Most modern fly rods are well engineered pieces of equipment, and contrary to popular belief, they rarely break on their own. Often times an errant fly or a slight nick from the gunwale of a boat is actually the culprit of a rod that surprisingly ‘breaks for no reason.’
With that said, we’d be lying if we said we hadn’t broken plenty of fly rods. We once saw five rods broken in one step.. True story! It happens however, and rather than crying over splintered graphite, we like to think we’ve learned from our mistakes instead.
One of the most common mistakes we see each season that often leads to a broken butt section is holding the rod above the cork handle. During a long tussle with a big fish, for most of us, our casting hand gets pretty tired. After all, a fly rod isn’t exactly ergonomically correct! The natural reaction as your hand gets tired is to support the weight of the fish with your other hand just above the cork grip. Don’t!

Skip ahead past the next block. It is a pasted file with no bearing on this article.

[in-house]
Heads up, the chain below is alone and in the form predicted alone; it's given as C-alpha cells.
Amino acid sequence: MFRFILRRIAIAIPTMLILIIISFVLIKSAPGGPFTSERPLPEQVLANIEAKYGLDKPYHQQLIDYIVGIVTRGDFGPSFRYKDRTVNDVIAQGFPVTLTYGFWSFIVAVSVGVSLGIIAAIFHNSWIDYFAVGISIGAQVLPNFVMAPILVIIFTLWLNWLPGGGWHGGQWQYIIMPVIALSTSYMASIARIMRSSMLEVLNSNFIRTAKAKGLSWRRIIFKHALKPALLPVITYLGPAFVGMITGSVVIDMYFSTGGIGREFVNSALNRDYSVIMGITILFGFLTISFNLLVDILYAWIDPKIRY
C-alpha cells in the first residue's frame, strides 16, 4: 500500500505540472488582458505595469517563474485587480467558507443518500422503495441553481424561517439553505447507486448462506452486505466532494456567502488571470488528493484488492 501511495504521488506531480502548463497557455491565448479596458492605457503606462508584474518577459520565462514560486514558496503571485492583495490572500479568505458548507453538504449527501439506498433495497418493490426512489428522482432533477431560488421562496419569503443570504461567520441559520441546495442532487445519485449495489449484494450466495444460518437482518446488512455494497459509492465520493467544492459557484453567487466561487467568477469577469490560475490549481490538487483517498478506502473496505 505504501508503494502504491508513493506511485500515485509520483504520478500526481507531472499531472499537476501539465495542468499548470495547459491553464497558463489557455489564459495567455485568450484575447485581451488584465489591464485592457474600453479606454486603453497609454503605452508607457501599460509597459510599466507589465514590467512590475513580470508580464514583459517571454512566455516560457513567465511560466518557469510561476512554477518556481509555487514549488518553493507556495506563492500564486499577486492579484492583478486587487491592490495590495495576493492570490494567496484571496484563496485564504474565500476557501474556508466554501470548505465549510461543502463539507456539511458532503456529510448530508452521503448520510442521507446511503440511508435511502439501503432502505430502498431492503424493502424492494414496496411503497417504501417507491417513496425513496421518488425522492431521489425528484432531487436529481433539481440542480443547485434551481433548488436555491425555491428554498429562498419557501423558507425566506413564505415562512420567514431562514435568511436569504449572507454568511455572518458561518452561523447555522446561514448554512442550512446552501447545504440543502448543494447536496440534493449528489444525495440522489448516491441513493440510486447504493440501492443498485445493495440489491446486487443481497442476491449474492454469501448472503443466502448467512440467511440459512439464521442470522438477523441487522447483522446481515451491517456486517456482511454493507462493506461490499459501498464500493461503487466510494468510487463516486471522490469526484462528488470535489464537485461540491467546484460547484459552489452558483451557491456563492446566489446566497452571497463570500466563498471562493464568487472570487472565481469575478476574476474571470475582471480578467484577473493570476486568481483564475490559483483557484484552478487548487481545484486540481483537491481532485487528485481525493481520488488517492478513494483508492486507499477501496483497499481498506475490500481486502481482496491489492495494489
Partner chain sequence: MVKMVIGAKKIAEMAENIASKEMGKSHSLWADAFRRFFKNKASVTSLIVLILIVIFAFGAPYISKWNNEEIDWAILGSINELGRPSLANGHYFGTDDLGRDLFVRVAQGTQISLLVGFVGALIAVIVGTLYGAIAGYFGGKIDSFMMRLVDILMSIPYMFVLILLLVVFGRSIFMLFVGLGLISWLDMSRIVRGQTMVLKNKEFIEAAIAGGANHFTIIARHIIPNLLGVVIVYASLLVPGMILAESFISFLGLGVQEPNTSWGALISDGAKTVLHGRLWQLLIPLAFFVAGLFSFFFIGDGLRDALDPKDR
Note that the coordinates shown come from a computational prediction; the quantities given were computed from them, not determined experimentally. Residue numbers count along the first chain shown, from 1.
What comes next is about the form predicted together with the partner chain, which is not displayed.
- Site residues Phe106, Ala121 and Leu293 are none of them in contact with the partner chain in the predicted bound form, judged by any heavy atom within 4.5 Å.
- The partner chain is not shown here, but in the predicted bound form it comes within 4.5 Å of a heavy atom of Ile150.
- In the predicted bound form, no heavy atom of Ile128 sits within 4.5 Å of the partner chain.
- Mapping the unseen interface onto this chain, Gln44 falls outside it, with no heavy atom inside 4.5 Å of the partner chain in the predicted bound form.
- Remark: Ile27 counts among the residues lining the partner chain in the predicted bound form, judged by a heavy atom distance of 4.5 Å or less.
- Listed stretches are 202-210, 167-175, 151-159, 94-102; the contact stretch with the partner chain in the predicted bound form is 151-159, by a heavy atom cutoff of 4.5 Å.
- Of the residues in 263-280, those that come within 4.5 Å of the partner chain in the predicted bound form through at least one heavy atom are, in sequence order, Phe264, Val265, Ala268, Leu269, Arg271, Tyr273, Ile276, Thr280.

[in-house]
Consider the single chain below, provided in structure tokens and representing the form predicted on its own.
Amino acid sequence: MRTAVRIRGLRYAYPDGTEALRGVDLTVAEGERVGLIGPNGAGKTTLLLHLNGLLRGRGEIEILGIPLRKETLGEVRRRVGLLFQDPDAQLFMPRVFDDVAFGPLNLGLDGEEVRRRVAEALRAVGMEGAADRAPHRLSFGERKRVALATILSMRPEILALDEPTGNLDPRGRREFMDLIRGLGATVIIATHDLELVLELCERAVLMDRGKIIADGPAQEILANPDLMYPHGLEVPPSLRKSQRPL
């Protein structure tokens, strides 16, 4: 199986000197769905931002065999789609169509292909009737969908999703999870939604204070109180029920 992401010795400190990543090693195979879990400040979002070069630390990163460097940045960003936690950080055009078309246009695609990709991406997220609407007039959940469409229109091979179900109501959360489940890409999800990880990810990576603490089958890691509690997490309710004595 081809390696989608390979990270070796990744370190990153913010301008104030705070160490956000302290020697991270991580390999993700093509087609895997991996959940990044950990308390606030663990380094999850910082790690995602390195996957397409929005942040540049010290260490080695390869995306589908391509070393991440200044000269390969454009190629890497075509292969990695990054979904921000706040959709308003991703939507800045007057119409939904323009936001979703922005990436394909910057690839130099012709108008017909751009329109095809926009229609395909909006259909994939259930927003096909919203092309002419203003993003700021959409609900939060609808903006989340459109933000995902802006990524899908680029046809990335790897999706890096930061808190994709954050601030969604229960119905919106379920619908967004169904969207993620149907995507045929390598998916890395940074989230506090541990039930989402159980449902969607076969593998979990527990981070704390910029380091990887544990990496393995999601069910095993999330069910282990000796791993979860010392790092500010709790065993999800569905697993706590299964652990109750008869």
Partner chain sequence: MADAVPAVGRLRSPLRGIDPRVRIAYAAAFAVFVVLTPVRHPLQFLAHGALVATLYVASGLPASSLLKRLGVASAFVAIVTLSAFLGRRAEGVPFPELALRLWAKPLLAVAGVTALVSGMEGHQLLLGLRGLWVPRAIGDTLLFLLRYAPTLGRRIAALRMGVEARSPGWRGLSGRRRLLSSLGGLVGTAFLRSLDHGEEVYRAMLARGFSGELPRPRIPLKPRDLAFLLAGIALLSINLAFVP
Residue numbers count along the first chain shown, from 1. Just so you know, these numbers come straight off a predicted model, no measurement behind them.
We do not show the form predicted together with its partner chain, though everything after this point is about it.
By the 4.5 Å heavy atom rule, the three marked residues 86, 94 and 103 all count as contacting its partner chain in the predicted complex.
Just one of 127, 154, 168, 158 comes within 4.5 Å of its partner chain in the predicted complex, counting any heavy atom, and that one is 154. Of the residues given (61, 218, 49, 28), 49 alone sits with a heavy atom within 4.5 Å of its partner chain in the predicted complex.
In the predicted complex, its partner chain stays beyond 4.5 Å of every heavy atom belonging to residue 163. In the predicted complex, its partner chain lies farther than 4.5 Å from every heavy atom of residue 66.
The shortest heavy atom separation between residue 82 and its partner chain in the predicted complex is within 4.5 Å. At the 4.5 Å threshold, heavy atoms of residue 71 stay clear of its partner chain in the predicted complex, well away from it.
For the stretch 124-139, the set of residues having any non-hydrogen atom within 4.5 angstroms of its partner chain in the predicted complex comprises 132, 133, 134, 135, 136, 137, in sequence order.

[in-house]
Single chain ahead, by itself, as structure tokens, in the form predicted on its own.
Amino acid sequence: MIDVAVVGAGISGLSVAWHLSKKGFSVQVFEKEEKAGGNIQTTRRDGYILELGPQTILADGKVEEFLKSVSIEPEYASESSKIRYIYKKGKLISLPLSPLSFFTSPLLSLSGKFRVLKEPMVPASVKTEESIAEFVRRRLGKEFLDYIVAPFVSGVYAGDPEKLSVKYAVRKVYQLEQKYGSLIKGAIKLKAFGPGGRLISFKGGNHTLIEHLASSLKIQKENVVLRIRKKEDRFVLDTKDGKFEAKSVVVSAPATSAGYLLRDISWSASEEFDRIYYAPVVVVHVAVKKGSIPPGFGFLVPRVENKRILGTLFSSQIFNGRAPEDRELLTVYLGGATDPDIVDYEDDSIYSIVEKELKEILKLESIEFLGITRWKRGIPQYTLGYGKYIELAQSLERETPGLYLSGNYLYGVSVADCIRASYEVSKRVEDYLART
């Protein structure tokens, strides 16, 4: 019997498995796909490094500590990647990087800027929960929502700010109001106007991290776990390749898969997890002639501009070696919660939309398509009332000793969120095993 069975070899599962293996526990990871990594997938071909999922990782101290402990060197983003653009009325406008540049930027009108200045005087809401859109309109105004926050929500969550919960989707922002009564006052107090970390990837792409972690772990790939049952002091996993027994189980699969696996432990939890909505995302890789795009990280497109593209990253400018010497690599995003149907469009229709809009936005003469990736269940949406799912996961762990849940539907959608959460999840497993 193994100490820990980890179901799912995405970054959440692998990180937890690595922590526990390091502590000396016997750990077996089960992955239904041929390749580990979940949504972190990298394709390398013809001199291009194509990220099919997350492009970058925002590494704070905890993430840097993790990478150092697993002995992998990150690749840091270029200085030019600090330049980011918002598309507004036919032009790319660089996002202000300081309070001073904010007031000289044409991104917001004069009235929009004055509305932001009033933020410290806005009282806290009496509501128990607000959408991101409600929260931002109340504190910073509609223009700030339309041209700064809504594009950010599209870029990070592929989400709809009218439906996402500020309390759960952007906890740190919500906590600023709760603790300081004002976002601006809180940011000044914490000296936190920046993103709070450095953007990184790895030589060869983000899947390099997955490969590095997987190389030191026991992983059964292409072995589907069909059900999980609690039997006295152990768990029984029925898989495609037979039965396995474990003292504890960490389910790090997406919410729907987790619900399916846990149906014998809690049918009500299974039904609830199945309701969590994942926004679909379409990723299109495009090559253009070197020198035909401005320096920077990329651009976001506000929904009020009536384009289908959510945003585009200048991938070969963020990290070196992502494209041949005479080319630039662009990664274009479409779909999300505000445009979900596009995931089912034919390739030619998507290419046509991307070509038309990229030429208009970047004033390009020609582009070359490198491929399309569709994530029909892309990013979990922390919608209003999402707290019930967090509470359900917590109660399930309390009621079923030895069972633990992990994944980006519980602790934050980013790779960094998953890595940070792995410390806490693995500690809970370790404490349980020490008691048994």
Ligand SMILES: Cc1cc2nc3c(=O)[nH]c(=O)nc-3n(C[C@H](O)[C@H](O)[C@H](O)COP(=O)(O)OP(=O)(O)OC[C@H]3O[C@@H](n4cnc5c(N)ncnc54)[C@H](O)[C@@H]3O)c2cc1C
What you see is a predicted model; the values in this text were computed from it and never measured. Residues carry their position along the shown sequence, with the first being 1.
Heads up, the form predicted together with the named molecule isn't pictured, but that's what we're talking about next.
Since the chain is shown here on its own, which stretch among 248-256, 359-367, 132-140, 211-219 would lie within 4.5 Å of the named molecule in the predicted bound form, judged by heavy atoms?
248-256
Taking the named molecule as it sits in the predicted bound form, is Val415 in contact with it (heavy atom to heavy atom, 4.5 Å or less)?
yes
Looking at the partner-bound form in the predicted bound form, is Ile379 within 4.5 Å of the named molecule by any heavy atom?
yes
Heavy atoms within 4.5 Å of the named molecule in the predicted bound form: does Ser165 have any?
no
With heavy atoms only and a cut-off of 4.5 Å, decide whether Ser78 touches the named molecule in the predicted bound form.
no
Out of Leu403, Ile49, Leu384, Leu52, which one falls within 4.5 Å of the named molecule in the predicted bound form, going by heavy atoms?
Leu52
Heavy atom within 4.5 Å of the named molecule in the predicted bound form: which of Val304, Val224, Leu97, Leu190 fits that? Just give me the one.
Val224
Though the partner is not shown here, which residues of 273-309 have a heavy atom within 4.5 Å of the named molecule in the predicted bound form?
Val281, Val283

Fly rods are designed to bend all the way down to the cork handle with a greater amount of flex than most realize. Holding a rod above this point while its under pressure cuts off the degree of flex is was built to endure, often causing the rod to shatter! There are exceptions of course, such as big game fly rods (think tarpon, billfish, etc.) where a grip is added above the conventional cork to allow for the rod to be fought with two hands, but these rods are built specifically for this purpose.
Keep your hands on the cork while fighting fish and you should be all set. That is, unless you fall victim of these 10 other common ways to break your fly rod.
Fight fish with the off (i.e. non-casting) hand. Fatigue problem solved.